For spring, footwear is getting a refresh.
This year at the Fashion Footwear Association of New York (FFANY) Market Week, the buzz on the showroom floor was all about newness. Gen Z is aging into financial independence and millennials have more purchasing power than ever before, so brands are taking notice and offering up new ideas and styles that appeal to a different, younger audience.
Newness and spring go hand and hand and, according to brands, and consumers are responding positively to anything they haven’t seen before.
“Sandals are a very important category for Crocs entering into Spring ’20. We are investing heavily in newness and looking to make sure we are creating sandals for what we call our ‘feel good’ and ‘explore’ consumer,” a Crocs representative told Sourcing Journal. “We have a lot of momentum around our classic clog. The teen and Gen Z consumer is loving all the fashion colors, the prints—and also the opportunity, which is unique to Crocs, to personalize our product.”
Speaking in reference to Jibbitz shoe charms, which lets wearers personalize their pair of clogs by inserting the charms into the holes at the toe of the iconic shoe, Crocs said it’s expanding on what’s available to allow for more customization opportunities. The new Jibbitz have already been a hit with teens involved in extracurricular activities, like sports, who wish to show their team pride in every way possible, the rep said.
True sandals will also play an important role for Crocs next spring. The brand will have a new sandal collection for the coming season featuring two new silhouettes—a strappy sandal and a flip with a closed toe.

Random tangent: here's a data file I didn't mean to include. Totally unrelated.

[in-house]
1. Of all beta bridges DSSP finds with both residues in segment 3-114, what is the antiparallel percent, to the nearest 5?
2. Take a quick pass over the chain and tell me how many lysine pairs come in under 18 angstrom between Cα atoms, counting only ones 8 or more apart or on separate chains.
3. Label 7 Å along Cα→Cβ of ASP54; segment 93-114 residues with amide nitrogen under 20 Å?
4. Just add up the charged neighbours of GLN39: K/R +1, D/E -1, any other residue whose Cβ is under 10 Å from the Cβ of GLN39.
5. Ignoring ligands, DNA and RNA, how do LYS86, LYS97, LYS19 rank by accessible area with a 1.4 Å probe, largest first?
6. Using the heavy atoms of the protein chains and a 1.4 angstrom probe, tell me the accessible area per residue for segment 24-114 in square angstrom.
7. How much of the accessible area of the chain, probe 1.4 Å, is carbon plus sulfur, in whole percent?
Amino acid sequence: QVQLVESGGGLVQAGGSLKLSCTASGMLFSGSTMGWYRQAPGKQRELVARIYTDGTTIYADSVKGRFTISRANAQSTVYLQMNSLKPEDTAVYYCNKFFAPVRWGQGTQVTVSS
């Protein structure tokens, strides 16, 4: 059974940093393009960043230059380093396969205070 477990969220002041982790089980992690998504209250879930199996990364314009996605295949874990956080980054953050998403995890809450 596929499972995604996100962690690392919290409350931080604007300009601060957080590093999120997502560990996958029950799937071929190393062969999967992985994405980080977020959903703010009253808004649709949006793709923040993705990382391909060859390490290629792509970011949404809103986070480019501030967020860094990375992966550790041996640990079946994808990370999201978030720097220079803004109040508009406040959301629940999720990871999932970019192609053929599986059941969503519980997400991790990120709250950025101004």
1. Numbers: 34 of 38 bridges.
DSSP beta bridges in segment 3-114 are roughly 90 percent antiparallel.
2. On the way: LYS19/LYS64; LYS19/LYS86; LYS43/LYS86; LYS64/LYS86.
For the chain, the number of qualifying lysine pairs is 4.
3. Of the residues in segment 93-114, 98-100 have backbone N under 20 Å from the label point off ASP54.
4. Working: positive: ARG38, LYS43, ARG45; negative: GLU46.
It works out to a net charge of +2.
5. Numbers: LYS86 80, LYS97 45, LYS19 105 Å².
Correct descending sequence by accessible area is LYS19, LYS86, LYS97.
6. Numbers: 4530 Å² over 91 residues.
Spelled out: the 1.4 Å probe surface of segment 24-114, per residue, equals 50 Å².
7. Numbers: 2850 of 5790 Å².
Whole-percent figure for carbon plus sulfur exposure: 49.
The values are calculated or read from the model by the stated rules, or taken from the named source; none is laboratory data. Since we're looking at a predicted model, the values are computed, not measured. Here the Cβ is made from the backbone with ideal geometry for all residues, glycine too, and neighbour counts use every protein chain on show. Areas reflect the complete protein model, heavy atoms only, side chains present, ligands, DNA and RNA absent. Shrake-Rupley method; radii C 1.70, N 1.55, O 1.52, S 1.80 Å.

“It’s really important in women’s sandals to really think about wearing occasions for the consumer and then also, certainly, comfort,” the representative said. “To add and build on that, we are looking at heel heights. They’re critical to women’s assortments in sandals.”
Also critical for Crocs are the vibrant new colors it’s rolling out for spring: mint, cantaloupe and a new electric pink. Additionally, the brand debut a jumbo-sized clog, a play on the dad sneaker trend with a substantial, chunky sole and oversized features.
At Camtrade, the announcement of its new line, “Enjoiya,” took center stage, and according to the company, it’s adding “a lot more color and material interest” in its footwear.
Camtrade’s new president of footwear, Gene DeCristofaro, who joined the company in February, said the brand will be looking to provide women with brand new options next spring.
“She still wants her comfort, she still wants her basic styles,” DeCristofaro said of the female footwear consumer. “But, she’s also looking for something that she’s never owned before.”
In hopes of responding to that demand, Enjoiya will be crafted with fine Italian leathers, and will be at a higher, more exclusive price point than Camtrade has embraced in the past, DeCristofaro said.
“I can’t go to a better independent [retailer] and say this is a great shoe for $39—they don’t want it. They want to sell $100, $150 shoes,” DeCristofaro explained. “This will expand our customer base.”
Camtrade already has a few higher priced independent and department stores lined up for future orders but declined to say which until the orders were finalized. Enjoiya will primarily be produced in Italy, though some production will occur in India, according to the brand.